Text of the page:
Barriers to adoption

The era of the Covid-19 pandemic has seen the maximum adoption of technology in the healthcare sector. It is true that it is booming. But what will happen in the post-covid era? Will there be a relapse and will patients reason by visiting a doctor in person rather than going for a video consultation? There has always been a challenge in adopting new technologies in the healthcare sector. Due to the Hippocratic Oath, doctors respect the words “Do no harm first”. Whether it’s a small mistake in the processing module, accepting ethical standards, or embracing new technologies like AI, health officials are not ready to compromise with the health of their patients. On the other hand, patients are more inclined to seek the advice of a specialist rather than a machine. Human interaction is the bread and soul of a medical consultation. Patients look for calming words, empathy, and a touch of healing after a diagnosis rather than talking to a chatbot. Yes, it is quite true that telemedicine and virtual medical consultation are currently on the increase. But it won’t generate much value for the diagnosis and treatment of life-threatening chronic diseases that require a full health investigation.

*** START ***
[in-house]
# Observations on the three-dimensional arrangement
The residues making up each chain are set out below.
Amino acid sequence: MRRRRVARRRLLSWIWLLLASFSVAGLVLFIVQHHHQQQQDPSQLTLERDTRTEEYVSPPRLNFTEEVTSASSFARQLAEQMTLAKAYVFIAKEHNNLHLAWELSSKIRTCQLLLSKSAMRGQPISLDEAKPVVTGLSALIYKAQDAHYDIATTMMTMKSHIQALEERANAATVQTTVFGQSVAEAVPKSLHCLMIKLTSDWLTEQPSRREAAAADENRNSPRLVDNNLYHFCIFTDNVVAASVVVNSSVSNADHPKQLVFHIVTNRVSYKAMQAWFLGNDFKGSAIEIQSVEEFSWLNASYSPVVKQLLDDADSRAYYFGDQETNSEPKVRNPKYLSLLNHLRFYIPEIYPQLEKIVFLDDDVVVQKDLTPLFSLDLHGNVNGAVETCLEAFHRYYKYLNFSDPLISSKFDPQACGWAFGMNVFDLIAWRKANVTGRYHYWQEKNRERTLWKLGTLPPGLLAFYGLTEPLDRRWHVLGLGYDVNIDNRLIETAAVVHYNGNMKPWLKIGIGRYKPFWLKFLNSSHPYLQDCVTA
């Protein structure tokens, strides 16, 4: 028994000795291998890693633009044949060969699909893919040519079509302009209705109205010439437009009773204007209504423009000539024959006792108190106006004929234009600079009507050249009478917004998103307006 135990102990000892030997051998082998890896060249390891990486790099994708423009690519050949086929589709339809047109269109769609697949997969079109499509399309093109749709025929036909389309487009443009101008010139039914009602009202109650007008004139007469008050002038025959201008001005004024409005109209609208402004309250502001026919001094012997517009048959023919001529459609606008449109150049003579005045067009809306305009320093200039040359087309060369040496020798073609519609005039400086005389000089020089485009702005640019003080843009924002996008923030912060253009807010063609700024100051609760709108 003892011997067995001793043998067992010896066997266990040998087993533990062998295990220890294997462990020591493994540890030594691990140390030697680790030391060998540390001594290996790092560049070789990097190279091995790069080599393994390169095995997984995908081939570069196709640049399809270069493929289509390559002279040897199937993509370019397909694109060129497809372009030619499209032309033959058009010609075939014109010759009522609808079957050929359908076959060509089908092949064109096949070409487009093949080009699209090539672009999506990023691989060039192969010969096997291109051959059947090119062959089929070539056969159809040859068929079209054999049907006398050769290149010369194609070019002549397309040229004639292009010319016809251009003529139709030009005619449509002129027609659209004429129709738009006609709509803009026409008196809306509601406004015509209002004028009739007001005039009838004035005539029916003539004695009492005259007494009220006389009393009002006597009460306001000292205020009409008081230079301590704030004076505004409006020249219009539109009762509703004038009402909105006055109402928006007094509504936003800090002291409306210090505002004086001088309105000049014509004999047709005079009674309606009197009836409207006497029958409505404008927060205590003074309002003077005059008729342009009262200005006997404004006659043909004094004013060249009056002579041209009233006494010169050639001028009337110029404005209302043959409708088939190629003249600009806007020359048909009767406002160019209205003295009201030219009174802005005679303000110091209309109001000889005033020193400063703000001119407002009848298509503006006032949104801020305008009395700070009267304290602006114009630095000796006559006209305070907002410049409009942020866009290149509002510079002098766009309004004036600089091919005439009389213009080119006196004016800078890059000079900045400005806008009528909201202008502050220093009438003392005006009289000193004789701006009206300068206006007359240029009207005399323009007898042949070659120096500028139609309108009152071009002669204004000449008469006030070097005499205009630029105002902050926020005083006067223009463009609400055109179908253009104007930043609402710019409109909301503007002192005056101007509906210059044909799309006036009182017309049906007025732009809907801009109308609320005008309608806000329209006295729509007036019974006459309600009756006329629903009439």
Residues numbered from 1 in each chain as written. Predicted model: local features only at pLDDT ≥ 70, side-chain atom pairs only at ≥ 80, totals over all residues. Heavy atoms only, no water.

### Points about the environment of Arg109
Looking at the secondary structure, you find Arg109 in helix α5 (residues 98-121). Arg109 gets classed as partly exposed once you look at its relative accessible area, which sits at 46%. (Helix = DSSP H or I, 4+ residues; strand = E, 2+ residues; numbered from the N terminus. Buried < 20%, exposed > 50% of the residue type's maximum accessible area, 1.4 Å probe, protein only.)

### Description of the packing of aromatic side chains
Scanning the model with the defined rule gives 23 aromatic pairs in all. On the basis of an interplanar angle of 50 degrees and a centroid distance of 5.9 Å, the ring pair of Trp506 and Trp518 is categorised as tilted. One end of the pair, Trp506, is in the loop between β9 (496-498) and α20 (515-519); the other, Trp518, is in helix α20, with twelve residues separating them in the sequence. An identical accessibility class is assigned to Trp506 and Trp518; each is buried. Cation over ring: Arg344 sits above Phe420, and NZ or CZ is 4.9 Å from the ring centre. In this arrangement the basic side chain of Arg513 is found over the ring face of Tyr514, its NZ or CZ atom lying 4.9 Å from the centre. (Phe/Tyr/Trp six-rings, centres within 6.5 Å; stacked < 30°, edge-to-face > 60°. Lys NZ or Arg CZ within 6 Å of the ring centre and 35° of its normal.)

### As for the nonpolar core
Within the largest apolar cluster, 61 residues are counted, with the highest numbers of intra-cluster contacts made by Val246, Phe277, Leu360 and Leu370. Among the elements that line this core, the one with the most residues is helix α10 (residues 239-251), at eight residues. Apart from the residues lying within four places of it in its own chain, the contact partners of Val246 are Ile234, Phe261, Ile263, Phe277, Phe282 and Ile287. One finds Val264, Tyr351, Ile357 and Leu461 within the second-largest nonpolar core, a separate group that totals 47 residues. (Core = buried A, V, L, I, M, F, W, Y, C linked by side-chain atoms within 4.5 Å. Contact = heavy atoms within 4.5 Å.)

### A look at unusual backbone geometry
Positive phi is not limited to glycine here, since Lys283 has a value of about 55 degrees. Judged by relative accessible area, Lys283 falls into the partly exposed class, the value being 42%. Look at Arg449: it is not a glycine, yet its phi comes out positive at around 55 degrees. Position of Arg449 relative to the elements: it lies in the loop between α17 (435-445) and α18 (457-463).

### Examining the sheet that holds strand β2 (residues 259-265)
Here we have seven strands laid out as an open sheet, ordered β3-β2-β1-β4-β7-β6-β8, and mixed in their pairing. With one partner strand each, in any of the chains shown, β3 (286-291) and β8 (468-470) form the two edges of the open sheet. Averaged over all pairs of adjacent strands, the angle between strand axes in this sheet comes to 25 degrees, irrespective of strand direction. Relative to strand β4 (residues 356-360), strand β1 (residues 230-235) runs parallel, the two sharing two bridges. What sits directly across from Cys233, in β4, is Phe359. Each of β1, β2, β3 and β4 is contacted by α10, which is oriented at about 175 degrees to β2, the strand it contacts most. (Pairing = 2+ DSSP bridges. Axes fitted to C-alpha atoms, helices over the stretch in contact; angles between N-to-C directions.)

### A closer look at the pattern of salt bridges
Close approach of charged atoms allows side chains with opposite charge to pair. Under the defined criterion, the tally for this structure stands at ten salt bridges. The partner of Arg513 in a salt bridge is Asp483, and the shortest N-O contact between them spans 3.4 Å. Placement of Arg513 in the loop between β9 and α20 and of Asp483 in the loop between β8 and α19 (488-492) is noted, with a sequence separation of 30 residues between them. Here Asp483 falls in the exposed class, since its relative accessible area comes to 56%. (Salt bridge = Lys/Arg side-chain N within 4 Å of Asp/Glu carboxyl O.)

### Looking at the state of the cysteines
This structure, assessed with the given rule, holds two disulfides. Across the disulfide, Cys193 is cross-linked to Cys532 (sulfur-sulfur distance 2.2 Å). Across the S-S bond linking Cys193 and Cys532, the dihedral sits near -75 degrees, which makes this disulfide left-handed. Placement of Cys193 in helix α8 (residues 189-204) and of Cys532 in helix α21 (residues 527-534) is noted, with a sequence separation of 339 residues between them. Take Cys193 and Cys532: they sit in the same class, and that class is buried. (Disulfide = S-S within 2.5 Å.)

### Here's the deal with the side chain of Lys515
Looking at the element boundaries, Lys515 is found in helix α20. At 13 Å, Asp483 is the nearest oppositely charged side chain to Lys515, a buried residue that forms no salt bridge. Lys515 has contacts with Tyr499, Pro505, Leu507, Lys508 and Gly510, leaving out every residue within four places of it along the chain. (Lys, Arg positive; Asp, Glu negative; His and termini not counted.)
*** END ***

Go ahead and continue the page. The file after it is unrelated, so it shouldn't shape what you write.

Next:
Way forward

Artificial intelligence has indeed shown a new image of the health industry and it will remain so. So, the big question is, with so many challenges, how can we leverage AI to drive maximum clinical impact in the healthcare industry? Artificial intelligence should be used to augment the 3 pillars of health service delivery – quality, cost and access rather than replacing human expertise. A doctor will easily adopt a model that can reduce burnout and make diagnosis faster with maximum precision. Additionally, adoption can be increased by adding courses on the usefulness of AI in healthcare to academic programs at medical institutions. At the same time, a strong regulatory policy specifying the requirements for data collection and AI-based models is necessary to avoid any dangerous research activity and any unethical product / service. Finally, the best way to maximize clinical impact by creating a harmonious ecosystem between the IT industry and healthcare professionals. Strong involvement of physicians in creating AI models will revolutionize the industry faster with disruptive ideas and innovations.